Use this URL to cite or link to this record in EThOS: http://ethos.bl.uk/OrderDetails.do?uin=uk.bl.ethos.491712
Title: Multiwavelength Observations of the TeV Binary LS I +61303
Author: Smith, Andrew Whitson
Awarding Body: University of Leeds
Current Institution: University of Leeds
Date of Award: 2007
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Abstract:
This thesis describes the search for and eventual detection of very high energy gamma-ray emission from the galactic binary LS I +61 303 utilizing both the Fred Lawrence Whipple 10 meter atmospheric Cherenkov telescope as well as VERITAS, which is a newly constructed array of atmospheric Cherenkov telescopes; both sensitive in the TeV gamma-ray regime. Although the source was not detected with the Whipple 10 m telescope, flux upper limits were placed on its emission above >540 GeV. Observations of LS I +61 303 were conducted with the VERITAS array in the 2006/2007 observing season resulting in a detection of the source in> 310 GeV gamma-rays at a 7.23cr significance. Along with the detection in very high energy gamma-rays by VERITAS, contemporaneous observations of LS I +61 303 in the hard X-ray regime with the Rossi X-ray Timing Explorer and Swift satellites are described. All three sets of observations show LS 1+61 303 to be a variable source in both energy regimes, with this variability associated with changes in the 26.496 day orbital cycle of the binary system. A search for correlation between emission in both the hard X-ray and energy regimes is carried out with no statistically viable correlation found. The two most basic models built to describe the system (i.e. rnicroquasar _ __ __ __ _ ~~bina!Y pulsar) are described in detail and compared to the available observations. --- -- --'- -------'------_._----- - ._~ It is found __. --------_ -.:'.-:-- _ _'.-_._._---------._------_._------------ that neither model satisfactorily describes the emission properties of the system as detailed in this work.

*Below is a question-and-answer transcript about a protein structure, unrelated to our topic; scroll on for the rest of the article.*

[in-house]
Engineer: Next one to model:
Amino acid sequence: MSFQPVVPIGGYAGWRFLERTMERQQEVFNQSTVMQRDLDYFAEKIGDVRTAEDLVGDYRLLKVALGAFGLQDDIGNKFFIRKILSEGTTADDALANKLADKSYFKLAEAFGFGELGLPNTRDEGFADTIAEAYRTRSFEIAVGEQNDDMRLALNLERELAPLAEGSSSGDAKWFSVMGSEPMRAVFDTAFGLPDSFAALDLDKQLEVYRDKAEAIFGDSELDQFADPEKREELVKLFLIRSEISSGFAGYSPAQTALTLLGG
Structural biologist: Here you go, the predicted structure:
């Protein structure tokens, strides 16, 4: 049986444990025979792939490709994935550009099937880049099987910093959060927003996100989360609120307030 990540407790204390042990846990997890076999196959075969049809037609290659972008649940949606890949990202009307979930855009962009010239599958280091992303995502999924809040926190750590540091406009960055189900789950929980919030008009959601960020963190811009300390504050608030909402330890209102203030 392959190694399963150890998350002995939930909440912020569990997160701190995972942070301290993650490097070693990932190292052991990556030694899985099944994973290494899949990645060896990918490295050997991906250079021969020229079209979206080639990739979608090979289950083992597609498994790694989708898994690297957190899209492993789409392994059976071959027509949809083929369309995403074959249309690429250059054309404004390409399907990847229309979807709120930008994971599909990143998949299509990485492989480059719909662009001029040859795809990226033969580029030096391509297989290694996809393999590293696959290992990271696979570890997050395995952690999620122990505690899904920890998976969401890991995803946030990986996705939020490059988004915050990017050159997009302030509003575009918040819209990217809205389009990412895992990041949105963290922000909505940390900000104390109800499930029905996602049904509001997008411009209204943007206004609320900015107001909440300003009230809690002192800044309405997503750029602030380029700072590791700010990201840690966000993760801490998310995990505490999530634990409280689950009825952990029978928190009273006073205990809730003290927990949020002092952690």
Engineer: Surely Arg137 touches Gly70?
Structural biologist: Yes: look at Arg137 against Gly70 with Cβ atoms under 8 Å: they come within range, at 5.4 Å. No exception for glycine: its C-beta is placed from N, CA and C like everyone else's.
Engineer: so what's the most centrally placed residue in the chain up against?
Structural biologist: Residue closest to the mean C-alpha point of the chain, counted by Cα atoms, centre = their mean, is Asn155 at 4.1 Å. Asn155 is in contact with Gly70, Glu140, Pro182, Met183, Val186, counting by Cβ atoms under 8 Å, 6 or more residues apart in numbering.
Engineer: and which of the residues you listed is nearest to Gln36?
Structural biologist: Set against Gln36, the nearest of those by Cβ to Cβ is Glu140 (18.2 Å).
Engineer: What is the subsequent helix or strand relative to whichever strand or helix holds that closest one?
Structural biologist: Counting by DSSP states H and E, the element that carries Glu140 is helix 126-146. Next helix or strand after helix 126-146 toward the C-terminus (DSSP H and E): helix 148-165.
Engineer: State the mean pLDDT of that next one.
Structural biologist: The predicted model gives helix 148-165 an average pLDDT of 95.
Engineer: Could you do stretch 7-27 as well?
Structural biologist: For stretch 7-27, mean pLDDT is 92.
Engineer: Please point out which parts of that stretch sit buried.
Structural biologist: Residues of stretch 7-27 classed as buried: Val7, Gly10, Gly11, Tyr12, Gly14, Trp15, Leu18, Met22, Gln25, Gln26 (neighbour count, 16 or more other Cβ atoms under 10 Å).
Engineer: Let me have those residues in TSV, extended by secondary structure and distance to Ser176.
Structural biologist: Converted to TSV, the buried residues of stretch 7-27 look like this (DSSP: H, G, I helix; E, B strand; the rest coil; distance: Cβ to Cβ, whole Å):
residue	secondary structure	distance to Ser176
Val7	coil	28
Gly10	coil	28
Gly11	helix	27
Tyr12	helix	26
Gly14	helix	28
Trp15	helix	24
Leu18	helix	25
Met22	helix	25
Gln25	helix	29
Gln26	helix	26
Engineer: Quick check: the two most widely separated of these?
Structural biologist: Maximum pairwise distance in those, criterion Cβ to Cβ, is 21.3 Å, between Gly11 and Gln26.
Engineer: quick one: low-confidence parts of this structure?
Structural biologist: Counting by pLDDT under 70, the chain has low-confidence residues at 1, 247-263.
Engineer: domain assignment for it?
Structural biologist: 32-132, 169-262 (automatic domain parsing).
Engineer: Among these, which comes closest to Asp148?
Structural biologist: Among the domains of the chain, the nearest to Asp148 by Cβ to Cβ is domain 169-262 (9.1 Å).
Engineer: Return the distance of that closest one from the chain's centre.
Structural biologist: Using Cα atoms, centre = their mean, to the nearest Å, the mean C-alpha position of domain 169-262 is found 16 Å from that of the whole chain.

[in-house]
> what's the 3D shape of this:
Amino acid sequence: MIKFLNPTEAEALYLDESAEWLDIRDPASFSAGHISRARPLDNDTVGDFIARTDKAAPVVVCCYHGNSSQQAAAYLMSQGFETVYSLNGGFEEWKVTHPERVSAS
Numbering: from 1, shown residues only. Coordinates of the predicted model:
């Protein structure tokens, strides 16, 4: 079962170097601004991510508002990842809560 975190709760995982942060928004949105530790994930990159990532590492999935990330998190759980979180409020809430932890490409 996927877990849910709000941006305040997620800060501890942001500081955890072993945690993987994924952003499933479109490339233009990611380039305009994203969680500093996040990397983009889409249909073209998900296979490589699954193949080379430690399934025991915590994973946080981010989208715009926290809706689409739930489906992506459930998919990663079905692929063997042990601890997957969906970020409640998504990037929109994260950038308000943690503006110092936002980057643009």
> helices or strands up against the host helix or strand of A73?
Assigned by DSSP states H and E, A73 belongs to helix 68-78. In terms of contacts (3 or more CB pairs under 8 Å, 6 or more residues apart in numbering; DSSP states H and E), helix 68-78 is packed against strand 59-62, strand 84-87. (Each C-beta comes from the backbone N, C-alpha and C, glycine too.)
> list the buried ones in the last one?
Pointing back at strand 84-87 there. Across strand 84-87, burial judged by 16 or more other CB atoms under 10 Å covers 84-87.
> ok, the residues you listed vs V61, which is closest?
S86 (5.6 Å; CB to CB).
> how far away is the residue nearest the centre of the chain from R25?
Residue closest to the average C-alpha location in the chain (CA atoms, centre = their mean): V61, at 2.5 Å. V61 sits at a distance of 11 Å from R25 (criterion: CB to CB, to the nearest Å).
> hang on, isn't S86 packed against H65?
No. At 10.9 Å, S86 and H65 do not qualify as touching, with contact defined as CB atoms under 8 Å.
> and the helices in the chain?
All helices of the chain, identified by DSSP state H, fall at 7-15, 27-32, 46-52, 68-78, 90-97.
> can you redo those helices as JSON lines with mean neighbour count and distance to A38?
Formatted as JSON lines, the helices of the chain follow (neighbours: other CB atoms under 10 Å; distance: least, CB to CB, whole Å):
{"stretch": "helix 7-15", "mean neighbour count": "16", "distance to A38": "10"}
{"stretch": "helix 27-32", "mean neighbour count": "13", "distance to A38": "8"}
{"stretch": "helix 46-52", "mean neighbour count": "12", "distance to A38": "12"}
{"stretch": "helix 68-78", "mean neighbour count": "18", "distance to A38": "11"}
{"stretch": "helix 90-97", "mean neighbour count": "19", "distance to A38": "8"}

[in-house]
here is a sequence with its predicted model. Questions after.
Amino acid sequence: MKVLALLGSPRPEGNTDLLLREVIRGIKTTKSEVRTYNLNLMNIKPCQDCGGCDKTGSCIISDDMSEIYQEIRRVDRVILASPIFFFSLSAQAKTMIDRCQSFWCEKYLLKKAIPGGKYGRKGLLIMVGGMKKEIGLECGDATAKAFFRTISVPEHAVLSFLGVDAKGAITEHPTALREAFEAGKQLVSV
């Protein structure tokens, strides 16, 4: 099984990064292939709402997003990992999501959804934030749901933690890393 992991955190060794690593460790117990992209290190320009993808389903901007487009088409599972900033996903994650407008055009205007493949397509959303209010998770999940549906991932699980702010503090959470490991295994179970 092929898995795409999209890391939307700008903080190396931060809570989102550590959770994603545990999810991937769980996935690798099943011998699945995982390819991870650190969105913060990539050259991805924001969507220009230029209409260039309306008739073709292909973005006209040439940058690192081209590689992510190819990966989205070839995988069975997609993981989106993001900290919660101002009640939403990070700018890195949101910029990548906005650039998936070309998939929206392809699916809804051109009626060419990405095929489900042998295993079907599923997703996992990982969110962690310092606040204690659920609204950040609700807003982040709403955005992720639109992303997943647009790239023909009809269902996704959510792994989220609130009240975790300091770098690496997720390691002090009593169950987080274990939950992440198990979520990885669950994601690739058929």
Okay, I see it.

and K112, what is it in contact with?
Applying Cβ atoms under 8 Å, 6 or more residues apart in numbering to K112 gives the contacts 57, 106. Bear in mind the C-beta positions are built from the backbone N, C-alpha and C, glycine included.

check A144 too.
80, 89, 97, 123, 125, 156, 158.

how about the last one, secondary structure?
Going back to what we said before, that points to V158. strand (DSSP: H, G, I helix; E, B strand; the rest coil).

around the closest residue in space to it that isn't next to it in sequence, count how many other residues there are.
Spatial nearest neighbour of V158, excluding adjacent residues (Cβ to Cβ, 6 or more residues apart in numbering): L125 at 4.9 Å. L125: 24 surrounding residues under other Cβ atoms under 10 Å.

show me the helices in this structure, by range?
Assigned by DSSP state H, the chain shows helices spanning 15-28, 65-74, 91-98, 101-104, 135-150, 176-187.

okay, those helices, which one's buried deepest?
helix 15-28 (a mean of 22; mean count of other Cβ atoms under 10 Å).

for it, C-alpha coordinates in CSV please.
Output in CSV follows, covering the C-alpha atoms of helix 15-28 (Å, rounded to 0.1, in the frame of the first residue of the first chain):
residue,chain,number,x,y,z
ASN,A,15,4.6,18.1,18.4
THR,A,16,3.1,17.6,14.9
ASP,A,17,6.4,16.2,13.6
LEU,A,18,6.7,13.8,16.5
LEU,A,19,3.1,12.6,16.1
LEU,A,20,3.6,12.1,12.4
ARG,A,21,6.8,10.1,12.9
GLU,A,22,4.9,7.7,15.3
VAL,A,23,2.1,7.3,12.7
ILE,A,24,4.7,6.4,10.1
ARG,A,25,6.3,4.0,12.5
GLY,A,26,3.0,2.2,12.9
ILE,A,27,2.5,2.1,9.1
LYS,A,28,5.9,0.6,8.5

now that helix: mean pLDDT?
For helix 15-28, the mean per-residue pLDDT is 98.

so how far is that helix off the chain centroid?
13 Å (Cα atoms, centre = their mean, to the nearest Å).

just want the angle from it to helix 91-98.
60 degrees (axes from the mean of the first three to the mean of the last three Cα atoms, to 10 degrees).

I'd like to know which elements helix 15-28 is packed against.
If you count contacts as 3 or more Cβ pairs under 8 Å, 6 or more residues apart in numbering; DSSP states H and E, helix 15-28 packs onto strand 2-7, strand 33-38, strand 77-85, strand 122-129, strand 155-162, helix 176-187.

Supervisor: Not available Sponsor: Not available
Qualification Name: University of Leeds, 2007 Qualification Level: Doctoral
EThOS ID: uk.bl.ethos.491712  DOI: Not available
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